Nasotracheal Intubation with Videolaryngoscopy versus Direct Laryngoscopy in Infants (NasoVISI) Trial

Annery Garcia-Marcinkiewicz, MD, MSCEAnnery Garcia-Marcinkiewicz, MD, MSCE
Assistant Professor of Anesthesiology & Critical Care, Children’s Hospital of Philadelphia

Dr. Garcia-Marcinkiewicz’s project is entitled: “Nasotracheal Intubation with Videolaryngoscopy versus Direct Laryngoscopy in Infants (NasoVISI) Trial

Background: More than 32,000 infants undergo congenital heart surgery in the United States annually1, with approximately 50% of these patients requiring nasotracheal intubation (NTI). Direct laryngoscopy (DL) is the current standard of care for initial NTI attempts in these patients. Small infants are particularly vulnerable during tracheal intubation because of their rapid rate of oxygen desaturation. Securing the tracheal tube quickly and on the first attempt is the best practice to minimize complications. Our team established a multicenter registry to improve the quality of airway management in children with challenging airways and discovered that multiple tracheal intubation attempts are a key risk factor for severe adverse events such as cardiac arrest, laryngospasm and severe hypoxemia.2 Additionally, our most recent multicenter trial comparing Videolaryngoscopy (VL) to DL in infants found that VL improves first attempt success rate and reduces severe complications when used for orotracheal intubation in infants with normal airways.3 Infants presenting for cardiac surgery often have NTI performed. The short apnea tolerance time in infants, particularly those with cardiovascular anomalies, creates a critical time-pressure to intubate. NTI with DL is the most common clinical practice in infants presenting for cardiac surgery, but often requires additional maneuvers such as the use of Magill forceps or external laryngeal manipulation, all which can contribute to prolonged intubation time and complications. With DL, the supervising clinician is blind to what the trainee sees which makes effective guidance and instrumentation difficult. Observational studies in adults suggest that the use of VL can provide higher NTI success rates and shorter intubation time compared to DL.4 VL improves trainee coaching during tracheal intubation, and the shared view reassures the supervising clinician that the tracheal tube is being placed properly.5 This is highly desirable in vulnerable cardiac infants. There is currently no published data on whether VL is more effective than DL at improving first-attempt NTI success rates and reducing complications in infants. We hypothesize that reducing multiple attempts will enhance the safety of NTI in this vulnerable population.

Aims: This proposal seeks to reduce complications by reducing the number of NTI attempts. We hypothesize that in infants presenting for cardiothoracic procedures requiring NTI, VL as the first attempted device will be associated with increased first-attempt success rate, reduce the number of tracheal intubation attempts, and reduce tracheal intubation-related complications, specifically intubation-associated hypoxemia. Reducing the number of attempts will enhance the safety of airway management in infants presenting for cardiac procedures and is well aligned with the mission of the Anesthesia Patient Safety Foundation.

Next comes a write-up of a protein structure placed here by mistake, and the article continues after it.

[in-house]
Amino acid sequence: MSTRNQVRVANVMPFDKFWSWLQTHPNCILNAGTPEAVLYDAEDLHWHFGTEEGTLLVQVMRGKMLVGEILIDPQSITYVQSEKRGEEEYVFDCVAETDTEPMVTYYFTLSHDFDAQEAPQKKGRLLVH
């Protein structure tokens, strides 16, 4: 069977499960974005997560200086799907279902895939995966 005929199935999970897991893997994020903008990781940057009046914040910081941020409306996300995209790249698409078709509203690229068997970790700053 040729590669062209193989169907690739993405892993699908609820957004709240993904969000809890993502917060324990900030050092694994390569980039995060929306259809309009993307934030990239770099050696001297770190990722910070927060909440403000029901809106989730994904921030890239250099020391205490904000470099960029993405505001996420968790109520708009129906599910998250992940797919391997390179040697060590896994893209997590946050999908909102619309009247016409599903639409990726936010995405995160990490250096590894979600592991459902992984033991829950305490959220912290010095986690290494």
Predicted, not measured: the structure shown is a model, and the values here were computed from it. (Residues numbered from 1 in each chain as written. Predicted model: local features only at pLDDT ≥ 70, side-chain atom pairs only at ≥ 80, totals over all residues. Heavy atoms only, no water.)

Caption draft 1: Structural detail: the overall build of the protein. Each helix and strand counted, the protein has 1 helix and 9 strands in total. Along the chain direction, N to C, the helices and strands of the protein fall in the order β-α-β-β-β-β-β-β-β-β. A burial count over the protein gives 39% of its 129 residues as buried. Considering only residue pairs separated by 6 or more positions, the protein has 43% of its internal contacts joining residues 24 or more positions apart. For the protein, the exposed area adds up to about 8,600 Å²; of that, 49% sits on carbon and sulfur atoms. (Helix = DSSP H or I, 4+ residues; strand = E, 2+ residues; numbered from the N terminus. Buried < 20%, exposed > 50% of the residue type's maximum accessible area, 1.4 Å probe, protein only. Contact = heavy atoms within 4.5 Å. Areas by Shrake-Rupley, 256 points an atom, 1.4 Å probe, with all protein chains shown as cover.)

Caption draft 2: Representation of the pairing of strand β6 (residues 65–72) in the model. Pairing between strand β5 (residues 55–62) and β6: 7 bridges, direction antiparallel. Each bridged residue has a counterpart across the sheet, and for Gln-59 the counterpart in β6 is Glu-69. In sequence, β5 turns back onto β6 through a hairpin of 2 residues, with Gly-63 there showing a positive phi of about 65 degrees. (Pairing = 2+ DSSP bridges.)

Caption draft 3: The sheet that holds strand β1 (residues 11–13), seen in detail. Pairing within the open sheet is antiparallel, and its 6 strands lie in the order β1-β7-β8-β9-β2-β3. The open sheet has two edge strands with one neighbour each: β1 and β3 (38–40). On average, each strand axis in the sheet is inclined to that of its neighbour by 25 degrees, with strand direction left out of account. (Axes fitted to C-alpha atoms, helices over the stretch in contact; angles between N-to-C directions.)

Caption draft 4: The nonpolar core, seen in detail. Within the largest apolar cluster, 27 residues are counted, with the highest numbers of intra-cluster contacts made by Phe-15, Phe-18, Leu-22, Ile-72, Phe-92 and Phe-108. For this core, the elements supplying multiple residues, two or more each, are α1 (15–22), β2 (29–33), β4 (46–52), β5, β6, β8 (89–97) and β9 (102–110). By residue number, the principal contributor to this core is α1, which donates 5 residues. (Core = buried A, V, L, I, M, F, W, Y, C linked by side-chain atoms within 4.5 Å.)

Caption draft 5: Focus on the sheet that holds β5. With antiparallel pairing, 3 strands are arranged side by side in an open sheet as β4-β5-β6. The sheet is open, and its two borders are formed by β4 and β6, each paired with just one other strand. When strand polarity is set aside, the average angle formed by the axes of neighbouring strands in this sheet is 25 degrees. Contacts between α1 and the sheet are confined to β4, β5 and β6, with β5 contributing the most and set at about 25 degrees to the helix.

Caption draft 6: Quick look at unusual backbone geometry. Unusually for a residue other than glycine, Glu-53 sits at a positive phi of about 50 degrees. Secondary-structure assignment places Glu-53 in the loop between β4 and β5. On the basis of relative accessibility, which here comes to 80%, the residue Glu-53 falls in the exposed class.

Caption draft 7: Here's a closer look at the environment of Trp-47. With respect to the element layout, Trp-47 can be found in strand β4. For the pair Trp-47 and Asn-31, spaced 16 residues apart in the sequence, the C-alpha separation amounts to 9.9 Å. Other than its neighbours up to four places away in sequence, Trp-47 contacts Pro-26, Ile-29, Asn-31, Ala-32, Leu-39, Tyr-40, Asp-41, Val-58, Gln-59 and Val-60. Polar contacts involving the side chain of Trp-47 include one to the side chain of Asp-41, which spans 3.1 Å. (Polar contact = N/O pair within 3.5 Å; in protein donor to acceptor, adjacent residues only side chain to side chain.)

Implications: Tracheal intubation is a high-risk procedure in infants because of their unique anatomy, high oxygen consumption, and smaller edema prone airways all leading to very limited apnea tolerance, particularly in infants with cardiovascular anomalies. Hypoxemia and multiple attempts are important targets to enhance safety. Infants with cardiovascular anomalies are an extremely high-risk group due to their very limited reserves. Our proposed project would potentially lead to the reduction of multiple NTI attempts, consequent hypoxemia, and associated complications in these infants.


  1. The Society of Thoracic Surgeons. Congenital Heart Surgery Database, table 7 neo infant. Published 2020. Accessed February 17, 2022.
  2. Fiadjoe JE, Nishisaki A, Jagannathan N, et al. Airway management complications in children with difficult tracheal intubation from the Pediatric Difficult Intubation (PeDI) registry: a prospective cohort analysis. Lancet Respir Med. 2016;4(1):37-48.
  3. Garcia-Marcinkiewicz AG, Kovatsis PG, Hunyady AI, et al. First-attempt success rate of video laryngoscopy in small infants (VISI): a multicentre, randomised controlled trial. Lancet. 2020;396(10266):1905-1913.
  4. Jiang J, Ma DX, Li B, Wu AS, Xue FS. Videolaryngoscopy versus direct laryngoscopy for nasotracheal intubation: A systematic review and meta-analysis of randomised controlled trials. J Clin Anesth. 2019;52:6-16.
  5. Volz S, Stevens TP, Dadiz R. A randomized controlled trial: does coaching using video during direct laryngoscopy improve residents’ success in neonatal intubations? J Perinatol. 2018;38(8):1074-1080.

Funding: $149,119 (January 1, 2023-December 31, 2024). The grant was designated as the APSF/ American Society of Anesthesiologists (ASA) President’s Research Award.